Since it was in the beginning of November the days were quite short and the nights had started to get a bit colder. We weren’t too keen on doing a cold night sail but since the situation with Covid-19 had started getting worse all over Spain we didn’t want to risk getting stuck in a tiny village along the way either. Our German friends on AnMa reported that Ribadeo, about halfway to A Coruña was a great place but if we were to leave our plan was still to go straight to A Coruña. Later the same day that we spoke to Jessica on Taipan she called again to tell us that another German boat, Miss Sophie, that had arrived in A Coruña straight from Gijon had gotten a fine of 200€ per person on board for leaving Gijon because Gijon was in a lockdown. That was it, there and then we decided to stay in Gijon and the next day we paid for a month to start with.
This time of the year there is not a lot of visiting boats in Gijon and after a few days we were the only boat at the visitor’s pontoon and no new boats arrived for a few days and then we started to question our decision again. Even the customs guy seemed to think that we should leave. We met him in town and he recognized us, we asked him what he knew about the fine that Miss Sophie got and he didn’t know anything about it and he didn’t see a problem with us leaving even if both the city of Gijon was in a lockdown and also the region Asturias was in a lockdown. He meant that when we are on our boat we are in Sweden so then the lockdown rules doesn’t apply or at least he couldn’t see that there were any laws or rules against us leaving. In fact, he said that it would be better for us to go to Galicia, the next region, because they are not in a lockdown and not as infected with Covid-19 there.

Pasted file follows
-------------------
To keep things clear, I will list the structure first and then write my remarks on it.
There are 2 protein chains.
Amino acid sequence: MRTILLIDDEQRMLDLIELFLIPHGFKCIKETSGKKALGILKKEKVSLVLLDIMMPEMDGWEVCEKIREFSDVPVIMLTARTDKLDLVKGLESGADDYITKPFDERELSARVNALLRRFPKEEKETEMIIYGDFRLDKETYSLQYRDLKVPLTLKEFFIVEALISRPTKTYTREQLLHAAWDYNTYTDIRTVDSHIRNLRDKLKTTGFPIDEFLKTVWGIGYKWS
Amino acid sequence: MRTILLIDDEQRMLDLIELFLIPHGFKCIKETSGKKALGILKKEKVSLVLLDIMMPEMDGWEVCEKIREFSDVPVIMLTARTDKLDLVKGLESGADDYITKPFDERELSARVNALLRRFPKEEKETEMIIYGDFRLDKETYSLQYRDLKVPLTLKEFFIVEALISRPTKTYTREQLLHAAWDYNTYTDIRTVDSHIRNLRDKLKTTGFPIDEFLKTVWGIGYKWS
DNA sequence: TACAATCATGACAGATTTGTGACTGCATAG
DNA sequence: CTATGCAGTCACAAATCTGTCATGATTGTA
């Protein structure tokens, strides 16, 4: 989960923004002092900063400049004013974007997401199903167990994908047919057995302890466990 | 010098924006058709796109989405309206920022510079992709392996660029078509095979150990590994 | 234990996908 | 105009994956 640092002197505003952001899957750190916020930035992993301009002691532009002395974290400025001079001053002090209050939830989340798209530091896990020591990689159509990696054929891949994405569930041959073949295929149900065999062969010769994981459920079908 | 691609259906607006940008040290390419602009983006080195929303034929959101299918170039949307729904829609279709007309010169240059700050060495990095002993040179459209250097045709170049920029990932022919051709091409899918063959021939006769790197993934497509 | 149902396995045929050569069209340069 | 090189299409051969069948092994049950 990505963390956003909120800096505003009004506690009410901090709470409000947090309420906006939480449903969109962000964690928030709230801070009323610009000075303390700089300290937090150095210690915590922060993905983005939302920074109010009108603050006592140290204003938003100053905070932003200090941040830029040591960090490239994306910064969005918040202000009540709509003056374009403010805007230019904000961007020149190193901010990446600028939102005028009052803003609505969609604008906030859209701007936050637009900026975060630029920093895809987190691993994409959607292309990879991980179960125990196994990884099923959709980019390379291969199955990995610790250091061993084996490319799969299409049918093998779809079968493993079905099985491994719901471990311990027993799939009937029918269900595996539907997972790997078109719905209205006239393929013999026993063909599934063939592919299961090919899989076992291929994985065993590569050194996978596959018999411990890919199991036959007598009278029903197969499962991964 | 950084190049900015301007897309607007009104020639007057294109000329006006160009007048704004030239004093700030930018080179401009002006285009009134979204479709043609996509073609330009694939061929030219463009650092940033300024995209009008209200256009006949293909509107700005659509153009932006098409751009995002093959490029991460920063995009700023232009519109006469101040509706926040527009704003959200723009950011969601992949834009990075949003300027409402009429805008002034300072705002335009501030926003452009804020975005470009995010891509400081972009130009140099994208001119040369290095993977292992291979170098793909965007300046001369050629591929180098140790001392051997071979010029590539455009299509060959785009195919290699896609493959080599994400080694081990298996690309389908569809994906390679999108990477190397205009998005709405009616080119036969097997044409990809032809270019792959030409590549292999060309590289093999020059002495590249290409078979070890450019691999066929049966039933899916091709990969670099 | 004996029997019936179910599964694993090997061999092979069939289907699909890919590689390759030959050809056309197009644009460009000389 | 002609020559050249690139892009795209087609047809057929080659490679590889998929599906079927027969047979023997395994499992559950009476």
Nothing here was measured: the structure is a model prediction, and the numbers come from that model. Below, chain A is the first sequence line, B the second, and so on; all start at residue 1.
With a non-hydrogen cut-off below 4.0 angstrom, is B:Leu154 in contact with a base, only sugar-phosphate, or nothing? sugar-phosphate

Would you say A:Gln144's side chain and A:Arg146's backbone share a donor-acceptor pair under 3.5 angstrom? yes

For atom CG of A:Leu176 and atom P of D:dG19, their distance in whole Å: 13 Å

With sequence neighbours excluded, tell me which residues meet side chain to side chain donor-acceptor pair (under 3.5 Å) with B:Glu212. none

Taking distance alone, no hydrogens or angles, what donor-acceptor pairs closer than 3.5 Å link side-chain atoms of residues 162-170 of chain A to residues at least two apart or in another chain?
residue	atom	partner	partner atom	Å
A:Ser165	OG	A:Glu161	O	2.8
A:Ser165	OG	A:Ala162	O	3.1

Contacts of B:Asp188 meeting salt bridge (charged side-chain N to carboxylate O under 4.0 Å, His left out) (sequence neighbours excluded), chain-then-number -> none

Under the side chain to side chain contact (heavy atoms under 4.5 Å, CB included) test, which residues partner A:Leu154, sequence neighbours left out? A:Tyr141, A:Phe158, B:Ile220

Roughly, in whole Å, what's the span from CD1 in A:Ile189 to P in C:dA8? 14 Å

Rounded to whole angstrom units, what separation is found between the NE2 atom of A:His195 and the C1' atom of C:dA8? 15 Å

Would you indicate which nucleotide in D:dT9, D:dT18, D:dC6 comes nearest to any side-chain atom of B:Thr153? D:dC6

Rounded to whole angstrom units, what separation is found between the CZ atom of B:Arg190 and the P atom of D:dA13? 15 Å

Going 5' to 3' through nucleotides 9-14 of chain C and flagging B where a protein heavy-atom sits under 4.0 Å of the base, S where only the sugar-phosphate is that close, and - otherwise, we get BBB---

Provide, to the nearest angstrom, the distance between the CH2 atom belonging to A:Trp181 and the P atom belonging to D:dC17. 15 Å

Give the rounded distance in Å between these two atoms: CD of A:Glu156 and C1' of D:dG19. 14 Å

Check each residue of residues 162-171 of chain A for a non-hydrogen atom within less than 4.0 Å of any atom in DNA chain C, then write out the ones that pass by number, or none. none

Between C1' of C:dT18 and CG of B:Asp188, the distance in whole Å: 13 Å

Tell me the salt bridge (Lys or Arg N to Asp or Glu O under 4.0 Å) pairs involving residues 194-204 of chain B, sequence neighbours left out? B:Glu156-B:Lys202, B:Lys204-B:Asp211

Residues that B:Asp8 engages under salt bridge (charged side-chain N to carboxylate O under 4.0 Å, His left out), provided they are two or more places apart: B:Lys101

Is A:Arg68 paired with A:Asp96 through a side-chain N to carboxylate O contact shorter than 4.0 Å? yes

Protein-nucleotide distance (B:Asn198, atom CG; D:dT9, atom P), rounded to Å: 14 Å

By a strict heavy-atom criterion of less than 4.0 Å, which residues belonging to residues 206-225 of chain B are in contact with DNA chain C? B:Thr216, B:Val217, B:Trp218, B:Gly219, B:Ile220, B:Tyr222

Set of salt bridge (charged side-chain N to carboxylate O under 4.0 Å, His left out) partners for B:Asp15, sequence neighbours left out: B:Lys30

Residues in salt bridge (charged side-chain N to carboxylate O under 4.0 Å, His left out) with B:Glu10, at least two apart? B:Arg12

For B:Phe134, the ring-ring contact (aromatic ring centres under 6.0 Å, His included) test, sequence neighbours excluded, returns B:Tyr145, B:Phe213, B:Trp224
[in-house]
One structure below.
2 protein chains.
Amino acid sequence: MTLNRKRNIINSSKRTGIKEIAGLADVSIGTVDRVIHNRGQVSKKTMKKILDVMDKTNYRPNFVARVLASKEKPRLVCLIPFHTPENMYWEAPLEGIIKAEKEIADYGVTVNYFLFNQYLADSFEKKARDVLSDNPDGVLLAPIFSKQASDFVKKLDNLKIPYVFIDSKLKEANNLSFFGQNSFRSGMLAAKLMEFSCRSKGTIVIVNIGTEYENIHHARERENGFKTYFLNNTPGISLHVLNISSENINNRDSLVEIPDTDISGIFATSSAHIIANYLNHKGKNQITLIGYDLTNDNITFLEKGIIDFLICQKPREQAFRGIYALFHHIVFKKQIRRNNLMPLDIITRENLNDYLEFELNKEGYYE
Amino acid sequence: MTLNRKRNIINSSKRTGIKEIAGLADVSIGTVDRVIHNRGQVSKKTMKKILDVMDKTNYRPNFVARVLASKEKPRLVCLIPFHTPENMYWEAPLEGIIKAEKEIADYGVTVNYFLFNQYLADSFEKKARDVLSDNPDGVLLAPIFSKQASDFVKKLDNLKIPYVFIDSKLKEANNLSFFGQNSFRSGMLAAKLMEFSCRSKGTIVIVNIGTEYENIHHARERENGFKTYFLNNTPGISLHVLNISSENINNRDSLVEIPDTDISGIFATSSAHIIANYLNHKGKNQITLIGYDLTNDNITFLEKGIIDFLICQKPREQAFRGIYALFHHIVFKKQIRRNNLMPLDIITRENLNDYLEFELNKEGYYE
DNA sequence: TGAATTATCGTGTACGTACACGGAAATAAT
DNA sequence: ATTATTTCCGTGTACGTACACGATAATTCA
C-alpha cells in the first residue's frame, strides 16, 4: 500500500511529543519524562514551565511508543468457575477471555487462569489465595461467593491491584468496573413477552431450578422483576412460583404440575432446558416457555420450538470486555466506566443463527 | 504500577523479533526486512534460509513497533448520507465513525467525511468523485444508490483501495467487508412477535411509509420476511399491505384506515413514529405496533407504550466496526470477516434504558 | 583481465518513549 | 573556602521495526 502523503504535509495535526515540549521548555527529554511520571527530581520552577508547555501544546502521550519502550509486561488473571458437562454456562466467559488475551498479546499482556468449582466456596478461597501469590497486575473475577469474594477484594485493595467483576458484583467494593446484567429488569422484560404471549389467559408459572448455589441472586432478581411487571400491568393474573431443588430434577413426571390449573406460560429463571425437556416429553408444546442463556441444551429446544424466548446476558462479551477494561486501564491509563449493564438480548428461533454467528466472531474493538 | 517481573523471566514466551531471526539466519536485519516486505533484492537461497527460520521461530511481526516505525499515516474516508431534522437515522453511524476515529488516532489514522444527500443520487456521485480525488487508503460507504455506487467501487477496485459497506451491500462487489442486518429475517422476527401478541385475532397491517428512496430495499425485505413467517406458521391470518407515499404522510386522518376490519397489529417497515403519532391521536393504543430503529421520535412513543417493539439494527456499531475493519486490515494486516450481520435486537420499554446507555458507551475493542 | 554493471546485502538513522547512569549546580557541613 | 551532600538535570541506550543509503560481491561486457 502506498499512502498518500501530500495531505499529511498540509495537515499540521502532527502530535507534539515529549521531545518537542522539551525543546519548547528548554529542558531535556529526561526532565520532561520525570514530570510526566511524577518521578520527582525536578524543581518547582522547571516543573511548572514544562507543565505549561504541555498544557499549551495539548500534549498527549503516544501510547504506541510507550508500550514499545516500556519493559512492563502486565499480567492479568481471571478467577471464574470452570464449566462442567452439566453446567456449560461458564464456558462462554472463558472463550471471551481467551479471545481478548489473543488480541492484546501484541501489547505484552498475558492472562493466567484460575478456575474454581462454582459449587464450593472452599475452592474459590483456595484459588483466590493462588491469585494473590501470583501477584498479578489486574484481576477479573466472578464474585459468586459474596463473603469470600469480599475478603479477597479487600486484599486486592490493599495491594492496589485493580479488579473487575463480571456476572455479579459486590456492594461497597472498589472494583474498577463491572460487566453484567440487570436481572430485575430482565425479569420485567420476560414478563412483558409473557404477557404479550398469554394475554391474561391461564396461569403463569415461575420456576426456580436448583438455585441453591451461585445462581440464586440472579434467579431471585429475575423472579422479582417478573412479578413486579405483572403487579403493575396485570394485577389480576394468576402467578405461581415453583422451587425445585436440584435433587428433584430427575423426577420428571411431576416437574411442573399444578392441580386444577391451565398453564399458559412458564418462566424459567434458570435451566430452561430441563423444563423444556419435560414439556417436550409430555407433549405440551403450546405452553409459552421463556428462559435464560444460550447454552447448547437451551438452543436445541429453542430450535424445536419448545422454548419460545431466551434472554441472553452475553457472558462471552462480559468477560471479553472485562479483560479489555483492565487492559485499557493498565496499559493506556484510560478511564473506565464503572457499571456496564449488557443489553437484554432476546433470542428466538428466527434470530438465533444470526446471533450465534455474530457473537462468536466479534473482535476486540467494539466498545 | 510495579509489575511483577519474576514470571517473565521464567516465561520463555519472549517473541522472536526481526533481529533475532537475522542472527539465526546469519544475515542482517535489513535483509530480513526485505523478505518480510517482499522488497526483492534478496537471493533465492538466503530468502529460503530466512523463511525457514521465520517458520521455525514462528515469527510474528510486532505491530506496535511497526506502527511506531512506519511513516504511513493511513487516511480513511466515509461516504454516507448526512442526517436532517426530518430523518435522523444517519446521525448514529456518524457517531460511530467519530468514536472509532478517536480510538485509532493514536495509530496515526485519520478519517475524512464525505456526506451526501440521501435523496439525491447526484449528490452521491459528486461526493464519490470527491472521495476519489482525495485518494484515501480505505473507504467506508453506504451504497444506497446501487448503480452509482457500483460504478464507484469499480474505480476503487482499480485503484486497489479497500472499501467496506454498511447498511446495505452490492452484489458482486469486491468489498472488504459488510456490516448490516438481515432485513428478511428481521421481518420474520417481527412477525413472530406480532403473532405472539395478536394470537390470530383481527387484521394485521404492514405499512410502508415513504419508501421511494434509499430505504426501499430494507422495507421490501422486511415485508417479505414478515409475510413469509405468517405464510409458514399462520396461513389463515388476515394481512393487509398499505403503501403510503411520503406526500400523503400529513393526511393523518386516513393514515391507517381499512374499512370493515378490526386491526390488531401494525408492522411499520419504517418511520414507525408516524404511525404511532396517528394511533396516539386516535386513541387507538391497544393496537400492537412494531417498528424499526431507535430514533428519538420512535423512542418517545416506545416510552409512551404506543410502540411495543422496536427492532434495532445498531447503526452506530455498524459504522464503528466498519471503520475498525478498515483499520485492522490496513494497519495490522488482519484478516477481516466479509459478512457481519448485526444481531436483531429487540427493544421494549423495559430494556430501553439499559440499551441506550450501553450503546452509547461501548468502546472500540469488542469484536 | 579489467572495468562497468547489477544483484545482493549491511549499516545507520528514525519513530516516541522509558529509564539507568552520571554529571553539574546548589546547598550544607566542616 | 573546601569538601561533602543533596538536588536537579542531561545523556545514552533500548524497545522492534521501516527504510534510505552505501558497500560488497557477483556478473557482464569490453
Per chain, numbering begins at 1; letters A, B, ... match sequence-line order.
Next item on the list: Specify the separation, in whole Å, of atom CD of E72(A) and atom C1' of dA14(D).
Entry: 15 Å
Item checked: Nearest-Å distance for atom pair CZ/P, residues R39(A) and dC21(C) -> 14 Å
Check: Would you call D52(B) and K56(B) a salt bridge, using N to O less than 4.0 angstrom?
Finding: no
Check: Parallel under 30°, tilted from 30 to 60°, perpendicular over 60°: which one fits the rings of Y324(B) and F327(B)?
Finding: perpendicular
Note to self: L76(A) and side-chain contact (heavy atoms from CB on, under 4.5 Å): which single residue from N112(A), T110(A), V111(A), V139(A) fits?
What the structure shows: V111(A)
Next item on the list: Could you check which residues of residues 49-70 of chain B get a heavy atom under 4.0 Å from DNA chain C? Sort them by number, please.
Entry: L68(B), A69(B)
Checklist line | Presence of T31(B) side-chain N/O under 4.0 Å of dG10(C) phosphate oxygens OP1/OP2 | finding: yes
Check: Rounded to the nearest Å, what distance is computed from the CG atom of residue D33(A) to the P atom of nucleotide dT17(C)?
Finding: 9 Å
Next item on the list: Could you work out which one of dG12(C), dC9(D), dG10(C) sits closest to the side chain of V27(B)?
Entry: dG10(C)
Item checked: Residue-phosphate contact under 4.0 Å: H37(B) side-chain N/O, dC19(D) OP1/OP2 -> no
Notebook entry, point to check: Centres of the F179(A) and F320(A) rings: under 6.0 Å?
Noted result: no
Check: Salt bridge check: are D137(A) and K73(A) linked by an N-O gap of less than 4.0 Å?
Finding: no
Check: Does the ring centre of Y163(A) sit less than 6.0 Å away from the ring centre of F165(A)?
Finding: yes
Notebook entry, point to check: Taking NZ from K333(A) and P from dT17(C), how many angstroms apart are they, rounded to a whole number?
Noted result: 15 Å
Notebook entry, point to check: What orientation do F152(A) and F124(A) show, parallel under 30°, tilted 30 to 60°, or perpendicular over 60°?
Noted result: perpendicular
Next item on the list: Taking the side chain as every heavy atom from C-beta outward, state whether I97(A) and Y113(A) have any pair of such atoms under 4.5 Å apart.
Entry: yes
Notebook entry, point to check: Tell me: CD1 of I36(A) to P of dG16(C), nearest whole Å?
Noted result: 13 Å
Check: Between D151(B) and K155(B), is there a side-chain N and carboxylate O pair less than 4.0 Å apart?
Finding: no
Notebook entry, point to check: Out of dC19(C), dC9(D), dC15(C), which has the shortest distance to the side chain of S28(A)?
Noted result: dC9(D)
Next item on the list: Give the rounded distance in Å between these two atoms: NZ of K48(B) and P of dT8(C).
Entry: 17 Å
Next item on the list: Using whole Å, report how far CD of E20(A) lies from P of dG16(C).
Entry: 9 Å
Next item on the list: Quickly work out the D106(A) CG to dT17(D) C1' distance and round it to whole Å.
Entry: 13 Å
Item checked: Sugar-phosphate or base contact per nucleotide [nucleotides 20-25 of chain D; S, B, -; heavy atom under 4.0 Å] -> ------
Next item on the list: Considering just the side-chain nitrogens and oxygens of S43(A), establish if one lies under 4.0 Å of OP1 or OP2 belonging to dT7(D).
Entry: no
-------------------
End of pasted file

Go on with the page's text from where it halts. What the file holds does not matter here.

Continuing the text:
It’s interesting and quite strange that it’s so easy to get affected of what the people around you say or do. It’s just as if the standard way to do this is to stay a day or two and absolutely no more than a week in a place, then you should be heading to the next place. The question is if it really is like that or if it’s just our twisted perception of how it should be done… Maybe we still need to stress down even more than we have done so far not to get affected of other people being in a hurry or having another agenda. It really shouldn’t be difficult at all to make a decision to stay a little longer in a place. We are in no hurry and the next place will still be there when we get there eventually. We heard about a crew from Sweden that wintered twice before they got into the Mediterranean, the first winter was spent in the Netherlands and the second somewhere in northern Spain. it’s a good contrast that we often bring up when we feel too affected by all the ones that just keep moving on in a “touch-and-go” kind of way. Our conscious conclusion is that when we move on from here we will rather stay a few days longer in a place and wait for good sailing weather than motoring to the next place in a hurry that isn’t real. Time will tell if we will be able to stick to that or if we once again will get caught in the pace of the people around us…